INTERNATIONAL WOMAN DAY SERIES – THE POWER BEHIND THE SCENES
Posted by Vivek on March 9, 2011 | No Comments
This week is week of the International Woman Day. With that we celebrate women in Indian cinema, in a series which will cover behind the scenes and also in front of the camera. In the first of the series, we go behind the scene:
Indian television and film has a standing in the world, due to the women who have provided the push and the quality from behind.
After finishing her Sociology degree from Miranda House, New Delhi, where she was involved in street theater as an interest on the side, MIRA NAIR moved to Harvard University, US, for further studies on a full scholarship. Clearly the makings of a bright academic mind. This mind was going to be channeled creatively, first in making documentary films and then she arrived at the global cinema scene with a bang…SALAAM BOMBAY. Written in collaboration with her Harvard buddy, SOONI TARPOREVALA, and directed by Mira, SALAAM BOMBAY was nominated for the Best Foreign Film at the Oscar’s. This was just the beginning of the journey, which is still going very strong. MONSOON WEDDING, NAMESAKE, MISSISSIPPI MASALA, VANITY FAIR, KAMA SUTRA, THE PEREZ FAMILY. Like them or dislike them, the fact remains that Mira has boldly gone to tread every genre there is and stands right on top as one of the most recognizable Indian faces in the global media power list.
Mira’s NAMESAKE also had another unique collaboration, that of Bollywood’s finest Art Director, SHARMISHTA ROY. There is a saying that behind every successful venture is a woman’s hand. No denying that when you consider the films/television shows that has Sharmishta’s art direction: DILWALE DULHANIYA, KOFFEE WITH KARAN, BUNTY AUR BABLI, VEER ZARA, KAL HO NA HO, TAAL, KABHIE KHUSHIE KABHIE GHAM, MOHABATTEIN, SOLDIER, etc.
If you are a Punjabi and you are a Delhiwalli and you dominate world cinema, then you must be Mira Nair right? Well partly, cause there is another Delhiwalli Punjaban, who is also equally well known and well respected in the global stage, DEEPA MEHTA. In an ironically similar journey as Mira’s, Deepa graduated from Delhi University although her specialization was Philosophy. Also starting off making documentaries, moving to North America (Canada), Deepa made her feature film debut with the Om Puri starrer, SAM AND ME, in 1991. This was followed by CAMILLA. Deepa fully came into the international limelight with her trilogy, FIRE, EARTH and finally WATER. In fact, WATER made it to the final nomination of the Academy Awards.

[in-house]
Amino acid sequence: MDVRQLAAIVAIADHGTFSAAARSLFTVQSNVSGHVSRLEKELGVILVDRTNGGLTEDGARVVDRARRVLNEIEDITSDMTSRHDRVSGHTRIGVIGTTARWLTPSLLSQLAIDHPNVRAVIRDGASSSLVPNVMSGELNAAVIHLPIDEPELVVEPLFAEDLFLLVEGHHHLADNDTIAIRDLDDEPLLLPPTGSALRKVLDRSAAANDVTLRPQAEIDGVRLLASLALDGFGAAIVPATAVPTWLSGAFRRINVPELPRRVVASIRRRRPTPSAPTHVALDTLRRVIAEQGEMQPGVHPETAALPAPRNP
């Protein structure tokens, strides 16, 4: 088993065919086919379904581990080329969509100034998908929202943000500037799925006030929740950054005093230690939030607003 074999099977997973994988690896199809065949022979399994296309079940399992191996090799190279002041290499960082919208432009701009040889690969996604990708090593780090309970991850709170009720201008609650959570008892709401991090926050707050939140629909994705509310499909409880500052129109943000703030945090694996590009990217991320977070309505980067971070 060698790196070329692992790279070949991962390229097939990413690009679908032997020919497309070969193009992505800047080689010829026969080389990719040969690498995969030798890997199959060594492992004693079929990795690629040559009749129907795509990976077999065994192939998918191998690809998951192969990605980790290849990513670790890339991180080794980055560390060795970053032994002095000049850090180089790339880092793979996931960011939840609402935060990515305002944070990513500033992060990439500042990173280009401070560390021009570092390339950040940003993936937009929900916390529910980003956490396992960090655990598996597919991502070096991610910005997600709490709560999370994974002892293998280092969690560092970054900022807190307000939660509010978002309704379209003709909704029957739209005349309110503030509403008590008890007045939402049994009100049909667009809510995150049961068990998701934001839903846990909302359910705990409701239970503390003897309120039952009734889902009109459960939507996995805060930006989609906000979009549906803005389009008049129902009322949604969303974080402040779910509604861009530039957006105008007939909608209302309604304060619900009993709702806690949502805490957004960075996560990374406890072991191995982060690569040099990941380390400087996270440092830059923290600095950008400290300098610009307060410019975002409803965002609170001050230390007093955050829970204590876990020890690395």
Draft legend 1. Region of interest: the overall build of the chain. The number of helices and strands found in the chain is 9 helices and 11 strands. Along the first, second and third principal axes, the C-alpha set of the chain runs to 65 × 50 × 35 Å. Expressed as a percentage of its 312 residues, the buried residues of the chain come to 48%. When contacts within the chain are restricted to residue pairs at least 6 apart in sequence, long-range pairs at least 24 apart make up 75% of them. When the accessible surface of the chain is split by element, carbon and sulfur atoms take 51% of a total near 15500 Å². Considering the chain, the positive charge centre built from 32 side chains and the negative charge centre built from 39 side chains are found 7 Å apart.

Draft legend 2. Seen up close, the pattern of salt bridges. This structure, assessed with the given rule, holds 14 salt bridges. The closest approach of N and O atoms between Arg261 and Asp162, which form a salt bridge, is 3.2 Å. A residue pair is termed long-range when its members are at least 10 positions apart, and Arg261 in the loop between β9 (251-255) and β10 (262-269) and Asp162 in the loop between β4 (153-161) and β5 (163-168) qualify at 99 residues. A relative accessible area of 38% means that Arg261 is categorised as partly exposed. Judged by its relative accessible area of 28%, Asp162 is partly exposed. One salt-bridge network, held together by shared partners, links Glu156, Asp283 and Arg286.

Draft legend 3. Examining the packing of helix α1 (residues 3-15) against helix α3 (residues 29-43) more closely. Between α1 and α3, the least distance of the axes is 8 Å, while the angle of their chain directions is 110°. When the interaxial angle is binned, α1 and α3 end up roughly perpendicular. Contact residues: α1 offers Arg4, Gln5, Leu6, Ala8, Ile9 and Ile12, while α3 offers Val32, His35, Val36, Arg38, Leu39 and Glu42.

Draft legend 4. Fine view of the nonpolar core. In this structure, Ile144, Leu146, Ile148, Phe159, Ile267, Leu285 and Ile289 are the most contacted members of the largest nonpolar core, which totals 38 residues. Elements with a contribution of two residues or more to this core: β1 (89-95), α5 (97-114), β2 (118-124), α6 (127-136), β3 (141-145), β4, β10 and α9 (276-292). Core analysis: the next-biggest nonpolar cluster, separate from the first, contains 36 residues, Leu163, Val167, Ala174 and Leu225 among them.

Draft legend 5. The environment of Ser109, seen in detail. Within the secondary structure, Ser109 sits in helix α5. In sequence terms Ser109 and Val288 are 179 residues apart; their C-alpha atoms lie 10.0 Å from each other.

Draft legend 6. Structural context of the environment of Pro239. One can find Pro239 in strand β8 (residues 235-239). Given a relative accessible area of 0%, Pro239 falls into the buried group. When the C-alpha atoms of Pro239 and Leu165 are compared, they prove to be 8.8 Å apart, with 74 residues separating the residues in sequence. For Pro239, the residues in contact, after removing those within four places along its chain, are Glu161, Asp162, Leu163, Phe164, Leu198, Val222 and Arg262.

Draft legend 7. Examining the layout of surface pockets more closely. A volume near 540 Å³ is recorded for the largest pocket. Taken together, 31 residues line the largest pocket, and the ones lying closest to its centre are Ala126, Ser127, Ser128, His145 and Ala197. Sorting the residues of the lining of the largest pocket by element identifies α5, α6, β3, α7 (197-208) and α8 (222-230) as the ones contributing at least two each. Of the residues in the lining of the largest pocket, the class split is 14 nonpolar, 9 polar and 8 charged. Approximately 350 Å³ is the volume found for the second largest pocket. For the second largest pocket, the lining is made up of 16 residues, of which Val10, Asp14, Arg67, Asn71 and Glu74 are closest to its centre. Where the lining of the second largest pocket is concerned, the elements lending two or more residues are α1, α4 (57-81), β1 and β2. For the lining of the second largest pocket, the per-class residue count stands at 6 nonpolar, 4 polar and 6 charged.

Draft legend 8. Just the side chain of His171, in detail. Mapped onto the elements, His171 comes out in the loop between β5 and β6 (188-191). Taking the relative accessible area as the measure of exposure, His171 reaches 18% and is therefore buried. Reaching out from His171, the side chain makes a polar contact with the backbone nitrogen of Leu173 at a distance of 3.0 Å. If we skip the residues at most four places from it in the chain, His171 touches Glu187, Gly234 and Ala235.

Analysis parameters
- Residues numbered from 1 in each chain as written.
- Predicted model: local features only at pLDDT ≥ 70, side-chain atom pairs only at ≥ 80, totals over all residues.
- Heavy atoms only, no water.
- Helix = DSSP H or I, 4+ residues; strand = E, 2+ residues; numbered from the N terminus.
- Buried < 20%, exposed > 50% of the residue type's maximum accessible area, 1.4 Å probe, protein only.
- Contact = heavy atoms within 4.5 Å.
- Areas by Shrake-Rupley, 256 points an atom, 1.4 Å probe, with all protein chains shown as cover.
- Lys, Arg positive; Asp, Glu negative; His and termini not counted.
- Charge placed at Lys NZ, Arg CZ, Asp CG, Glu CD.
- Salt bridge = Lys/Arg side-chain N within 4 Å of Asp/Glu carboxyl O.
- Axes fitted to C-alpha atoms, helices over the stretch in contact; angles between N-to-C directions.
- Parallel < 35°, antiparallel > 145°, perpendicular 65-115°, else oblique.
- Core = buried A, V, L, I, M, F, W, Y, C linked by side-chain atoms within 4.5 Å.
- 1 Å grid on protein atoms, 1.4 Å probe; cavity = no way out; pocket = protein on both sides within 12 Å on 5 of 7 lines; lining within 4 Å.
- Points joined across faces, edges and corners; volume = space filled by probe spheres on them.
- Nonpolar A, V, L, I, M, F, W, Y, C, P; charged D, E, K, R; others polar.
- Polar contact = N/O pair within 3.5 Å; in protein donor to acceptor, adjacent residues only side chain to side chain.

While Mira and Deepa were rising up the global cinematic ladder from their base in the New World, across from the “pond” that is the Atlantic Ocean, another Punjaban (gosh what is it with these Punjabi women!!) was making her way in England. GURINDER CHADHA, from the great “brown” burb of Southall had got her initiation in media by working as a BBC radio reporter, and moved from there to film production. She also, like Mira and Deepa, then moved to documentaries. Gurinder’s first feature film was BHAAJI ON THE BEACH, which in 1993 won a whole host of awards. Her WHAT’s COOKING was the Opening Night Film of the 2000 Sundance Film Festival and was the first British script to be invited to the Sundance Institute’s Writer’s Lab. All this was just a set up though, the tackle before the goal and what a goal…BEND IT LIKE BECKHAM became a global sensation and suddenly the “musclewoman from Southall,” was known all over the world.
In 1994 the satellite television boom was about to begin In India. Consumerism has become the order to the day and entertainment, the requirement of the hour. Channels were creeping in. During this time, EKTA KAPOOR was beginning to become a force to reckon with in the Indian Television industry. Today, if television and consumerism have forged a unique alliance, it is largely thanks to Ekta Kapoor. Her business acumen were evident in that she saw, earlier than most could, what television could become and while a lot of people have a vision, she had the desire and the chutzpah to act on that vision.
If it were not for these “behind the scenes” women, Indian cinema and television would not have been even a tenth of where it stands, proudly, as a global powerhouse